Nitrogen dioxide (NO2) levels have fallen dramatically across the world as governments introduce tough restrictions on transport to tackle the coronavirus pandemic. However, a scientist is warning that long-term, Covid-19 may be bad news for air quality and the environment.
He also writes a weak global economy threatens investment in renewable energy sources, particularly given the availability of cheap oil.
He adds that there is also a risk that environmental policies will be relaxed during this time of crisis, as is already starting to happen in the US.
The lockdown won’t necessarily have any long-term benefits for climate change, either, writes Dr da Silva. He says that unlike many other air pollutants, CO? exists in the atmosphere for around a hundred years. That means a short-term drop in emissions won’t cause a decrease in its atmospheric concentration.
However, he hopes that the pandemic will provide important scientific information on the impacts of air pollution. For example, reductions in air polltion during the 2008 Beijing Olympics was used to show that air pollution was linked to poor cardiovascular health and low birth weight.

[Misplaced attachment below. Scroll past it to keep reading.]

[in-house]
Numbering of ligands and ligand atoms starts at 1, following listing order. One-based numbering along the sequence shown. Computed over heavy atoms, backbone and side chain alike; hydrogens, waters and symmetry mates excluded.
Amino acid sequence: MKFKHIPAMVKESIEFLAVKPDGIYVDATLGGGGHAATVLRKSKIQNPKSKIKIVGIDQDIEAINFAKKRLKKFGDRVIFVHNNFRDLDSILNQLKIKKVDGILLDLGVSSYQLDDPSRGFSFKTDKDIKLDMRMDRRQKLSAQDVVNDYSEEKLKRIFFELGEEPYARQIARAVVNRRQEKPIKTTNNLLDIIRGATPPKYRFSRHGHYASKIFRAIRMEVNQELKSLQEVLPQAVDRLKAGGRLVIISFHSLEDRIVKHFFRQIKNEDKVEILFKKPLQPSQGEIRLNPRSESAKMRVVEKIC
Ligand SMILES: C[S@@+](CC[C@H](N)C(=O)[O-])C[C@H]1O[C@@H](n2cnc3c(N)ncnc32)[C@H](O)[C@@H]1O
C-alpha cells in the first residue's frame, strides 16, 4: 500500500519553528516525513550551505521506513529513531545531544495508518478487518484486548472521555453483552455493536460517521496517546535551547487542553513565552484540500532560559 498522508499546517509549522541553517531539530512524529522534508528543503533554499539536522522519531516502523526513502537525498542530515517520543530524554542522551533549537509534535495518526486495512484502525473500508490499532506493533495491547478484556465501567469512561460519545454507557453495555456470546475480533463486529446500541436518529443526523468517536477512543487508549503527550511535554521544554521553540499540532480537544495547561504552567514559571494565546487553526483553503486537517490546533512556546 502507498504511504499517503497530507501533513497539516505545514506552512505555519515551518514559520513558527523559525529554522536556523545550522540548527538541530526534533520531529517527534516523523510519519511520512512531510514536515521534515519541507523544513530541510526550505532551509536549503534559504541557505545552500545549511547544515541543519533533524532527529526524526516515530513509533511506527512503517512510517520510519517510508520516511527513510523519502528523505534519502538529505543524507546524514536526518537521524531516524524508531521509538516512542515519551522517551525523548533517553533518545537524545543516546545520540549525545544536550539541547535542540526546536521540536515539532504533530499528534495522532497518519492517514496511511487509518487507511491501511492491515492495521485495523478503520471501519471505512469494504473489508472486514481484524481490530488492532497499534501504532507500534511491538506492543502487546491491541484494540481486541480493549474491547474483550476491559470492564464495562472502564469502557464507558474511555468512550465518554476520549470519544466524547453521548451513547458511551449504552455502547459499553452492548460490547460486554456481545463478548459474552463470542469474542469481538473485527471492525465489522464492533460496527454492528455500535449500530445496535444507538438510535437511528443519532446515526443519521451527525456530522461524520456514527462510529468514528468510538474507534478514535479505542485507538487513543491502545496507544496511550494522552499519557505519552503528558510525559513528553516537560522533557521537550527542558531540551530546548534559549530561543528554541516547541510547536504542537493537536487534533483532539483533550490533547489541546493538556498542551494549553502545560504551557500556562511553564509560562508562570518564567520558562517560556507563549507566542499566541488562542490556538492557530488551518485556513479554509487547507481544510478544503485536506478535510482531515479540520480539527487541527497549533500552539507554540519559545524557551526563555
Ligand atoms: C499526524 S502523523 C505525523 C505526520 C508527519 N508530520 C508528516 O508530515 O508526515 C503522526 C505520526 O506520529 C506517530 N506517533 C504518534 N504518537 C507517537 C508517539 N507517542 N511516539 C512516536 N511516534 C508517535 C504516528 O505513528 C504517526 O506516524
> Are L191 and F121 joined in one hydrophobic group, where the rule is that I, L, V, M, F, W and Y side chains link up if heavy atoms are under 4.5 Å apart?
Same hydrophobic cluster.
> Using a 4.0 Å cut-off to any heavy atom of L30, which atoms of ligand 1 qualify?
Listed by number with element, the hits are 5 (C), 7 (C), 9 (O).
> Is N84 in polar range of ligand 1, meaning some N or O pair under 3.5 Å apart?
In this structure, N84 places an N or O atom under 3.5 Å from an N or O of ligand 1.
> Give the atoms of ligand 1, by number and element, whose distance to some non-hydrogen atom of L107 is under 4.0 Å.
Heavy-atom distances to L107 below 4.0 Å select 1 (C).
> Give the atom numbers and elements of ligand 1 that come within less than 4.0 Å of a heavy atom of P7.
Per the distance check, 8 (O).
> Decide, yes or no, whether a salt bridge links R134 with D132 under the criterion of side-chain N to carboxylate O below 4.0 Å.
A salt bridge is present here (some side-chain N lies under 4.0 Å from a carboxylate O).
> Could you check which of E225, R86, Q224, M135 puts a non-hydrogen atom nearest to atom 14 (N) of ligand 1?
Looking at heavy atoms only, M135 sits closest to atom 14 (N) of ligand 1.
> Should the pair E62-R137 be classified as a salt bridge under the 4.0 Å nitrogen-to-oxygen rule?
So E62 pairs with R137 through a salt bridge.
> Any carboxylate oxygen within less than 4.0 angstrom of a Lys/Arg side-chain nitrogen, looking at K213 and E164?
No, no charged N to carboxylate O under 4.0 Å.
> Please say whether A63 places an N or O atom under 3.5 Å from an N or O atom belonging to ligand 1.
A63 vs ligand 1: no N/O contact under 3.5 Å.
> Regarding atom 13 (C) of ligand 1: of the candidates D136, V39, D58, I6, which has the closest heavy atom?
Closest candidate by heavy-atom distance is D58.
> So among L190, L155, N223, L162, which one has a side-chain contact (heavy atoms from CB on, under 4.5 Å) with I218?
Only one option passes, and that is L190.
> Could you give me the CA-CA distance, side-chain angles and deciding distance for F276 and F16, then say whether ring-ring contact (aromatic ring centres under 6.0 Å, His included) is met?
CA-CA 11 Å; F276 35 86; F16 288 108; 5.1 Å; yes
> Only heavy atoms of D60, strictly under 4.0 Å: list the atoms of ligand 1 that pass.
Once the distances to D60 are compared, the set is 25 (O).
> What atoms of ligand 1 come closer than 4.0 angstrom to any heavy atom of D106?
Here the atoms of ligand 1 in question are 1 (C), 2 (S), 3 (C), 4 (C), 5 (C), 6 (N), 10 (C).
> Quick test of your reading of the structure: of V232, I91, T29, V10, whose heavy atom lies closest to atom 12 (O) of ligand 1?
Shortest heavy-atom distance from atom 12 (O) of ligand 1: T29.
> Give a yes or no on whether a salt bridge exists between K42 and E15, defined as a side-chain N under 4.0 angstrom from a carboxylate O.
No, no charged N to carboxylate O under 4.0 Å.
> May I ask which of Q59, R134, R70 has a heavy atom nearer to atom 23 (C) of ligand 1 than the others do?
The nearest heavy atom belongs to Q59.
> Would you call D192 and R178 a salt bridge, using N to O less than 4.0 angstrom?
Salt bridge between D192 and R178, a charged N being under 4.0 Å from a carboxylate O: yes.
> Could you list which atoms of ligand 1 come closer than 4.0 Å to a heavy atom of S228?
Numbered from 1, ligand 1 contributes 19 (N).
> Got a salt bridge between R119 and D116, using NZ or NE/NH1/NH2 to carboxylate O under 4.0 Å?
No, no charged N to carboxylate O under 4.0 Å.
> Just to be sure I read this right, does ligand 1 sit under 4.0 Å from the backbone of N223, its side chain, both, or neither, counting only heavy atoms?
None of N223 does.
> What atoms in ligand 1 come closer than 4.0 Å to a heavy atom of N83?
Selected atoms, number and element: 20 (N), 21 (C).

In the piece, he calls for widespread structural change or else we ‘won’t be breathing easier for long’.
Last week, Air Quality News analysed Department for Energy, Food and Rural Affairs (Defra) monitoring data for nitrogen dioxide (NO2) in London, Leeds, Manchester, Cardiff, Edinburgh, Liverpool, Bristol and Newcastle, comparing yesterday (March 24) with the same day last year (March 26), finding big reductions in emissions.
Edinburgh saw the largest drop in concentrations from a daily average of 74µg/m3 im 2019, to 28µg/m3 , as regular commuters worked from home and only essential workers were permitted to travel into the Scottish capital to do their job.
London Westminster also saw a massive decrease in NO2 emissions, from 58µg/m3 in 2019 to 30µg/m3.
Despite the fall in NO2 emissions, citizens in UK cities were warned by European health experts that exposure to air pollution could increase their risk of dying from Covid-19.
The warning came from the European Public Health Alliance (EPHA), who say that doctors are starting to link higher death rates for Covid-19 to illnesses caused by air pollution such as high blood pressure, diabetes and certain respiratory illnesses.
EPHA has highlighted a 2003 study on victims of the coronavirus SARS found that patients in regions with moderate air pollution levels were 84% more likely to die than those in regions with low air pollution.